The most copious concurrent elections in Mexico’s history will be held this year. In these elections, the first female president of the Republic will be elected, the Congress of the Union will be completely renewed, nine state governments will be elected, more than two thousand mayors’ offices and the thirty-two local congresses will be elected. However, what could be a simple democratic routine is far from being so; paradoxically, the dilemma is inscribed in the matrix: democracy versus autocracy.
The transition to democracy was the product of a series of legislative pacts that gradually endowed the country with a series of institutions that removed the distrust that had been the hallmark of interparty relations. From that twilight moment on, the uncertainty in the competition for votes was a constant to the point of provoking the end of the so-called “State party” and the arrival of the processes of alternation in the three levels of political power (municipalities, states, and presidency of the Republic).
However, the arrival to power of Andrés Manuel López Obrador and his offer to change the neoliberal regime, administered by successive PRI and PAN governments between 1982 and 2018, resulted in a left-wing populist regime. It is a project that first coalesced around the Democratic Revolution Party, under the emblem of the coalition “For the good of all, first the poor” that disputed the presidency in 2006 and 2012 and later became the National Regeneration Movement Party (MORENA) transformed into the coalition “Together we make history”. Under this slogan, he obtained an overwhelming triumph in the 2018 elections and became the first president product of the confluence of different leftist forces.
Those who voted for a social-democratic change where the social state would coexist civilly with big capital, the ruling party with the opposition, and the strengthening of the institutions of democracy, quickly suffered disenchantment.
President López Obrador distanced himself from big capital from the outset by canceling the Mexico City airport project, with millions of dollars in losses for public finances. The Congress of the Union, the scenario of the negotiations and democratic transformations of the last thirty years, was captured by the discourse that it was necessary to “put an end to the old regime of political compromises”.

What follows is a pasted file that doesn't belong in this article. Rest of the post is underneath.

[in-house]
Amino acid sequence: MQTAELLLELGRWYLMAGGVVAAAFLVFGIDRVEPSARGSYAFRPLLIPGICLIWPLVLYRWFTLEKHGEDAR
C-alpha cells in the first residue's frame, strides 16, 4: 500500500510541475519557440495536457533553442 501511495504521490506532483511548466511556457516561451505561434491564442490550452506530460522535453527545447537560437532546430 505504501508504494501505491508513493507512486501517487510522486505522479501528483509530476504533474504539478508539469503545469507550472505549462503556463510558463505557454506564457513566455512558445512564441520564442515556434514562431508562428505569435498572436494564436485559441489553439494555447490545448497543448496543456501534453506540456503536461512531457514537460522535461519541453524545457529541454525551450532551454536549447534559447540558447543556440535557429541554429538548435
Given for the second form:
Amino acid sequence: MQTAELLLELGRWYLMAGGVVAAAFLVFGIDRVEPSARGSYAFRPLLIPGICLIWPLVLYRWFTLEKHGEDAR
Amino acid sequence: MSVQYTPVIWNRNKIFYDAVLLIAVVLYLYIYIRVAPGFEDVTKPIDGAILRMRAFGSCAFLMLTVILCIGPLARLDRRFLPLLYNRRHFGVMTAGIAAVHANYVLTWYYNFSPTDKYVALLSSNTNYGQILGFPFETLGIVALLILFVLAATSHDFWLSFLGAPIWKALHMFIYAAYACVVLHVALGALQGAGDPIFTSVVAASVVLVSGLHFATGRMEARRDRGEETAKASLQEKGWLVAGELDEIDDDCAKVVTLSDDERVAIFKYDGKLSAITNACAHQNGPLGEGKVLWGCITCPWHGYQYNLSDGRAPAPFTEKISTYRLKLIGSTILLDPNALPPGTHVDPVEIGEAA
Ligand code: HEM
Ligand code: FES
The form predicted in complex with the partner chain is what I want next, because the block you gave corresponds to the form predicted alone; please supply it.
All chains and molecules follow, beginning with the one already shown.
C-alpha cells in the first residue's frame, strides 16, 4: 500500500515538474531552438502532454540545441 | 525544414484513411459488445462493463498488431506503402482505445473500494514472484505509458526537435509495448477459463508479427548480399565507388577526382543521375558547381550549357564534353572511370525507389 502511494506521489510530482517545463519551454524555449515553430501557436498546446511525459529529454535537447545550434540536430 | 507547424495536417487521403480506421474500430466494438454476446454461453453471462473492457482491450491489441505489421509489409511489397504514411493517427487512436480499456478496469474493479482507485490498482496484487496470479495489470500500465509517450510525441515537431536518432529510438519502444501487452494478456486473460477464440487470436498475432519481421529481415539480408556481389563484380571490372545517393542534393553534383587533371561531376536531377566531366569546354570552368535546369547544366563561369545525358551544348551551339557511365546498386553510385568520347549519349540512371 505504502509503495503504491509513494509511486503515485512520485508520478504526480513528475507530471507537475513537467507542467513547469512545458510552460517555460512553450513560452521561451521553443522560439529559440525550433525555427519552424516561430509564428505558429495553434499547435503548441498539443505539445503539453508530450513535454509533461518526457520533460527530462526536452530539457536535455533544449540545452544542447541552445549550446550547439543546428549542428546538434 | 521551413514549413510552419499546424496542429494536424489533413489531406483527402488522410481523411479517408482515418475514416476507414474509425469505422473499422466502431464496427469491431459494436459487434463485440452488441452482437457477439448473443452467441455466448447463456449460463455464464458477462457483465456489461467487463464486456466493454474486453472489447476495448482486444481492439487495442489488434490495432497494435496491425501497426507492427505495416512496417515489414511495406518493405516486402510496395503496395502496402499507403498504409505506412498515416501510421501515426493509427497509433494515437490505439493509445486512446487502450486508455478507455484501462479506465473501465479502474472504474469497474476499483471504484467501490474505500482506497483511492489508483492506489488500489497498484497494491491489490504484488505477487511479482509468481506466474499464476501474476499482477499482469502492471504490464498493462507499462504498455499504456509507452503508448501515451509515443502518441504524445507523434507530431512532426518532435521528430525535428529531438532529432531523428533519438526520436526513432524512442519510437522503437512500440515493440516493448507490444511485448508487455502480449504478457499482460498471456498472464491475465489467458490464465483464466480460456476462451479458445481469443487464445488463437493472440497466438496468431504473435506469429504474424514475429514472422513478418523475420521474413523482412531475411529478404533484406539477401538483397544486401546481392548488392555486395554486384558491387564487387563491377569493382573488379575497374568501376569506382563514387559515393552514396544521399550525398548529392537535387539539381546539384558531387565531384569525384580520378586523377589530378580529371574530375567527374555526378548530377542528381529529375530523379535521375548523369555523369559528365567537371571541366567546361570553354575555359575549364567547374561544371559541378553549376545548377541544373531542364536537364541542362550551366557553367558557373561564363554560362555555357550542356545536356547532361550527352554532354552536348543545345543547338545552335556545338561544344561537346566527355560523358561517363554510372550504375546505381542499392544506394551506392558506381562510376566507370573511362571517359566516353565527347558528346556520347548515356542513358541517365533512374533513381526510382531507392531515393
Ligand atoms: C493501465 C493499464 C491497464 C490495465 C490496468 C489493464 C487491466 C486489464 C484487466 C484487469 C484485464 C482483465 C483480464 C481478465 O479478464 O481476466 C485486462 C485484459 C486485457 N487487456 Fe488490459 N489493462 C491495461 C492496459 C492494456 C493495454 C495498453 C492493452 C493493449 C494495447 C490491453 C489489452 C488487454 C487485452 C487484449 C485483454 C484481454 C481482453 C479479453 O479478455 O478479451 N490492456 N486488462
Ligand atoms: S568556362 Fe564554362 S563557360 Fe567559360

This change involved putting the ministers, magistrates, and judges of the Judiciary to the test of the ballot box. This has not been possible because the President’s party and its allies do not have enough votes to change the Constitution and introduce this electoral figure.
However, the effort has not ceased despite the failures in the Senate, and the President has called on his followers to make the so-called Plan C a reality in next spring’s elections. The plan consists of reaching a qualified majority in the Congress of the Union to carry out the constitutional reforms that would facilitate the control of the Judicial Power.
Toward a sui generis autocracy
The country is currently moving from a representative democratic system toward a sui generis left-wing populist autocracy. And citizens will have to decide with their vote in the spring elections whether to consolidate this trend.
Citizens will also have to decide whether to stop the militarization that is reaching levels never seen before in the country thanks to the multiple powers granted by the president to the armed forces, despite having said in 2018 in the middle of the election campaign that “the military during my government will return to the barracks”.
The fact is that the Executive intends to carry forward a constitutional reform so that the Civil Guard, put into operation by the government with civilian command, becomes under military command. This takes on a particular significance after the failure of the strategy of “embraces not bullets” which has resulted in 173,000 intentional homicides by November 2023.
In the upcoming elections, citizens will also have to decide whether to give the qualified majority to Morena and its allies, with which it will be able to eliminate the autonomous agencies that the president considers “useless”. One of them is the Institute for Access to Public Information, which handles citizen requests for information on the expenditure of public resources in payrolls, hiring, and granting of permits to individuals for the exploitation of national resources. The Federal Telecommunications Institute (IFT), the Economic Competition Commission (COFECE), and the Energy Regulatory Commission (CRE) are also part of this process.
In short, the electoral challenges for 2024 are not minor and Mexicans will have to decide between betting on preserving the so-called institutions of democracy or moving towards the autocratic project of the 4T.
*Translated by Janaína Ruviaro da Silva from the original in Spanish.